Dave: Invest 15% for retirement
CW: Set realistic retirement goals, including how much you want to have and when, and work toward them.
Why the difference: 15% may work for some people, but may deprive others. For instance, my fiance and I plan on saving 35% of our income toward retirement. We have very little debt, and live simple lives, so this is possible. We can retire sooner, and give sooner. Others may not be able to save 15% and cover living costs. Save what you realistically can.
Dave: Build wealth by investing in good growth stock mutual funds with at least a 5 year track record and by paying cash for real estate.
CW: Invest passively in stock and bond market index funds. Invest actively in private or publicly traded businesses and personal lending.
Difference: Less than 20% of actively managed mutual funds (the ones Dave recommends through his ELPs) beat total stock market index funds. Meanwhile all, 100% of them, have higher fees and turnover ratios that increase taxes. For an actively managed mutual fund to beat an all-market index fund, it wold have to substantially outperform it to make up for the fees.
Also, as you get older, you need to adjust risks. Anyone who is 65 with 100% of their wealth in stocks is playing with snakes. Bond funds are more conservative and the older you get, the more your wealth should be tied in fixed income securities like bonds.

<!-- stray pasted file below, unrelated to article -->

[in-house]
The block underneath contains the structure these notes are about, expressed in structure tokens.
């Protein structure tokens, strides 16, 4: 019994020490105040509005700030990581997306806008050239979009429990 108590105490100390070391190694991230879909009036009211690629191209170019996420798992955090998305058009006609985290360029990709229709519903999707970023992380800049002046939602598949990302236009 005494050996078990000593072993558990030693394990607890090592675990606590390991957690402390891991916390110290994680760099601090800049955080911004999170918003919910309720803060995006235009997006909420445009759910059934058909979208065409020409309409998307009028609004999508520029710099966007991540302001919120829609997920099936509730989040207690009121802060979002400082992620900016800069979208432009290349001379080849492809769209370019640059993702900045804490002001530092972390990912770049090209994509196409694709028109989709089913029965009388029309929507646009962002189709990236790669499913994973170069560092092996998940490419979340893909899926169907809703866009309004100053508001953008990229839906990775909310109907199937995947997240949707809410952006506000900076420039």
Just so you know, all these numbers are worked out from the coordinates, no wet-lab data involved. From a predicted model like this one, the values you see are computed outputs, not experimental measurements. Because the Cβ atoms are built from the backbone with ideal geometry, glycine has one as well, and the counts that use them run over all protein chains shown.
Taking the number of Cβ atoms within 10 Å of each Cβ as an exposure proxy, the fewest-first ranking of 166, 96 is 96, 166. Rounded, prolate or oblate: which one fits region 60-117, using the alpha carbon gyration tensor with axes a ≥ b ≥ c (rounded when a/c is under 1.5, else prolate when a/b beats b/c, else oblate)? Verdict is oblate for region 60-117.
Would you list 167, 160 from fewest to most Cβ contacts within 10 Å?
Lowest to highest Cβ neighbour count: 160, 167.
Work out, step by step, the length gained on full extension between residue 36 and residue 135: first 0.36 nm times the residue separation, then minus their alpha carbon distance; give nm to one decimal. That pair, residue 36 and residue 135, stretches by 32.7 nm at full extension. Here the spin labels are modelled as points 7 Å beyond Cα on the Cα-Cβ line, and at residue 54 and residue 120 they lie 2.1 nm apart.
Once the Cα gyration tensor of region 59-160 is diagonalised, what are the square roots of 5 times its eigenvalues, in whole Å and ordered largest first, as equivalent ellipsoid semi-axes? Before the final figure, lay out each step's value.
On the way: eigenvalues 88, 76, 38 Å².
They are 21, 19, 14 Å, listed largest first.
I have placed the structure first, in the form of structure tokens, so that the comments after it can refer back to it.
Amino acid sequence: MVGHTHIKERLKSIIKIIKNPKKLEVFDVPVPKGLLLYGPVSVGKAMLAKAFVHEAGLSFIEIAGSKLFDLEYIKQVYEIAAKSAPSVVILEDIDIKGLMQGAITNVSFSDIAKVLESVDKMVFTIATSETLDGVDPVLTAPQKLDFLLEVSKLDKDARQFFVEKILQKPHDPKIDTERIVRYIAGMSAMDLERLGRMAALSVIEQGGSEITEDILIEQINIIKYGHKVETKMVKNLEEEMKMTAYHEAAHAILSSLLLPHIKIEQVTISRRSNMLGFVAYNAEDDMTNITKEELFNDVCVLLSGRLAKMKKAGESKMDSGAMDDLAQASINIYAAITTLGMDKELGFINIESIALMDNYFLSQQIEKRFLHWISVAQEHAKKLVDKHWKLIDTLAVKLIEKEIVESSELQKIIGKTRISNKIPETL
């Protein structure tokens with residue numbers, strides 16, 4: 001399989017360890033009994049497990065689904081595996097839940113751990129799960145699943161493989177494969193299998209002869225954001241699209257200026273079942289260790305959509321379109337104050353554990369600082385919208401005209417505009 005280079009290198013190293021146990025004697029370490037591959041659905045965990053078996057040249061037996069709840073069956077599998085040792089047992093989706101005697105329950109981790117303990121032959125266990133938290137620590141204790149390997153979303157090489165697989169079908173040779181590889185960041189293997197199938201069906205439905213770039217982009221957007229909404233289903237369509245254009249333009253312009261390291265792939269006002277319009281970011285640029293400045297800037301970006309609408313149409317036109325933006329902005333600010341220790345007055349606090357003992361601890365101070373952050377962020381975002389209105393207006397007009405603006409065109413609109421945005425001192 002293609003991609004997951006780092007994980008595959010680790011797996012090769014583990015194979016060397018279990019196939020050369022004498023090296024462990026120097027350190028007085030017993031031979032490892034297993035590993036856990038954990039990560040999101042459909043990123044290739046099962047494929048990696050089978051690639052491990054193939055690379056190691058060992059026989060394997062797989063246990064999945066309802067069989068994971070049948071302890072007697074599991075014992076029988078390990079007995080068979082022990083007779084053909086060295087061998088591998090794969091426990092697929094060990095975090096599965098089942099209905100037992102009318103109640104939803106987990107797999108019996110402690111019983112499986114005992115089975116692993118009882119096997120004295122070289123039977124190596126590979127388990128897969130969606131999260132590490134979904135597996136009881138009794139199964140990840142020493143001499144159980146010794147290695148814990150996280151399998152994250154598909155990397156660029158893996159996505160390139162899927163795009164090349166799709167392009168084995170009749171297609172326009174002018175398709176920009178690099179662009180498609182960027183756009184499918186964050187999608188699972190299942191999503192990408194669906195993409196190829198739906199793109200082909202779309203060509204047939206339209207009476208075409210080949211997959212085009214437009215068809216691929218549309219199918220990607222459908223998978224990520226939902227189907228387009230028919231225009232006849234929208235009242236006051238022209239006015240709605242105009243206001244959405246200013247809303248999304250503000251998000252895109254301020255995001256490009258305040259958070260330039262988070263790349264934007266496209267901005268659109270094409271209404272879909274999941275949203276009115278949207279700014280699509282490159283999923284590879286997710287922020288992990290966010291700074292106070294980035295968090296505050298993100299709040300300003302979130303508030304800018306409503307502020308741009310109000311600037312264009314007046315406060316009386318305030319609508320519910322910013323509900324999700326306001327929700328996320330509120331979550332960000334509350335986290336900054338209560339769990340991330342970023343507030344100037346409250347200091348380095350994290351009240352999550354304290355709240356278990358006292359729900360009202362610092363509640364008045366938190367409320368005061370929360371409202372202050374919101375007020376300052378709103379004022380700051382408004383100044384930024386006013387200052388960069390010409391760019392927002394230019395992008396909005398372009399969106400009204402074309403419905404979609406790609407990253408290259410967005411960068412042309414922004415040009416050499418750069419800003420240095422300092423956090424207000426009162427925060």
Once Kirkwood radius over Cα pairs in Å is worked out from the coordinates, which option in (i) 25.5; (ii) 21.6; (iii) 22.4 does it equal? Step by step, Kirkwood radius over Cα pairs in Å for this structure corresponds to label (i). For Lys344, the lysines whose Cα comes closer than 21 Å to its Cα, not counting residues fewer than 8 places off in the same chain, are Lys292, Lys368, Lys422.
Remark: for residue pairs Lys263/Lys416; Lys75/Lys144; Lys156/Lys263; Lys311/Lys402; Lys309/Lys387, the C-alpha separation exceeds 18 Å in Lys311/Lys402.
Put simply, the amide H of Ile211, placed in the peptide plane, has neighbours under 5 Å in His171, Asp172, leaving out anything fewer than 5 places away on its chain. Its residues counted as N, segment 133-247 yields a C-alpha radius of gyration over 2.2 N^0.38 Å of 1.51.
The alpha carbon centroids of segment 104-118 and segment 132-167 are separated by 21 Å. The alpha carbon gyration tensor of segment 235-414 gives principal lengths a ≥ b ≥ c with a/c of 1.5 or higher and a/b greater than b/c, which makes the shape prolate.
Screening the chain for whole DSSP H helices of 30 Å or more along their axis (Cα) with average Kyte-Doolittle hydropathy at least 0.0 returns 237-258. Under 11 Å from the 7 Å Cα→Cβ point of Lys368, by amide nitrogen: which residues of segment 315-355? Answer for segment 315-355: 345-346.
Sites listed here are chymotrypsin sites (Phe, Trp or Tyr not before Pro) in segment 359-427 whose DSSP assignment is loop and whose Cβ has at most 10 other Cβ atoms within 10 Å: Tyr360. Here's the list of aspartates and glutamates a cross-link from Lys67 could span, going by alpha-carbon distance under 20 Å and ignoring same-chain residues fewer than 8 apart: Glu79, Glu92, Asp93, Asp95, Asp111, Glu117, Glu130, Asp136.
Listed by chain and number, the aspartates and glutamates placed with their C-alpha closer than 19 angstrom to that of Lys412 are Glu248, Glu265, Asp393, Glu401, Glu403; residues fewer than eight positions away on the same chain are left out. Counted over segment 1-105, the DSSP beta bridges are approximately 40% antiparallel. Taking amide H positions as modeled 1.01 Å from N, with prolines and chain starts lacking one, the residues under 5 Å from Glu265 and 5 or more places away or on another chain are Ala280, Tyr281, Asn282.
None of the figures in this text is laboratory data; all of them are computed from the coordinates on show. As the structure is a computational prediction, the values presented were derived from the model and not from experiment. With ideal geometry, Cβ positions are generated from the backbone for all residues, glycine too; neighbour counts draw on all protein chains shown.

I don’t know about you, but I dont think the average American, even if they manage money well, can realistically buy multiple real estate properties with cash JUST TO INVEST. I dont have $200,000 to plop left and right. Dave does, because he makes millions each year. We need something that works for us.
Companies like Facebook and Twitter may go public in the future. Do you think they’ll grow? Then you may want to invest money in these companies. Is a friend of yours starting a business that you think will thrive? Invest, its an opportunity. Always stay in control of your money, instead of allowing stock pickers to confuse you about whats happening while promising huge returns.
Lending money and charging interest (get a lawyer to draft the promissory notes) is a great way to grow wealth without dealing with the volatility of the stock market. You just have to worry about a person repaying the loan.
I think Dave’s strategy is a sound one for the people in the right circumstances. Like someone said above, you should have your own strategy based on your own goals and attitude to risk etc. A well balanced portfolio is always a good bet to spread the risk.
Also be sure to search for the best annuity rates when you retire as even a small difference in rate can lead to a lot of extra (or lost) income over the term of your retirement.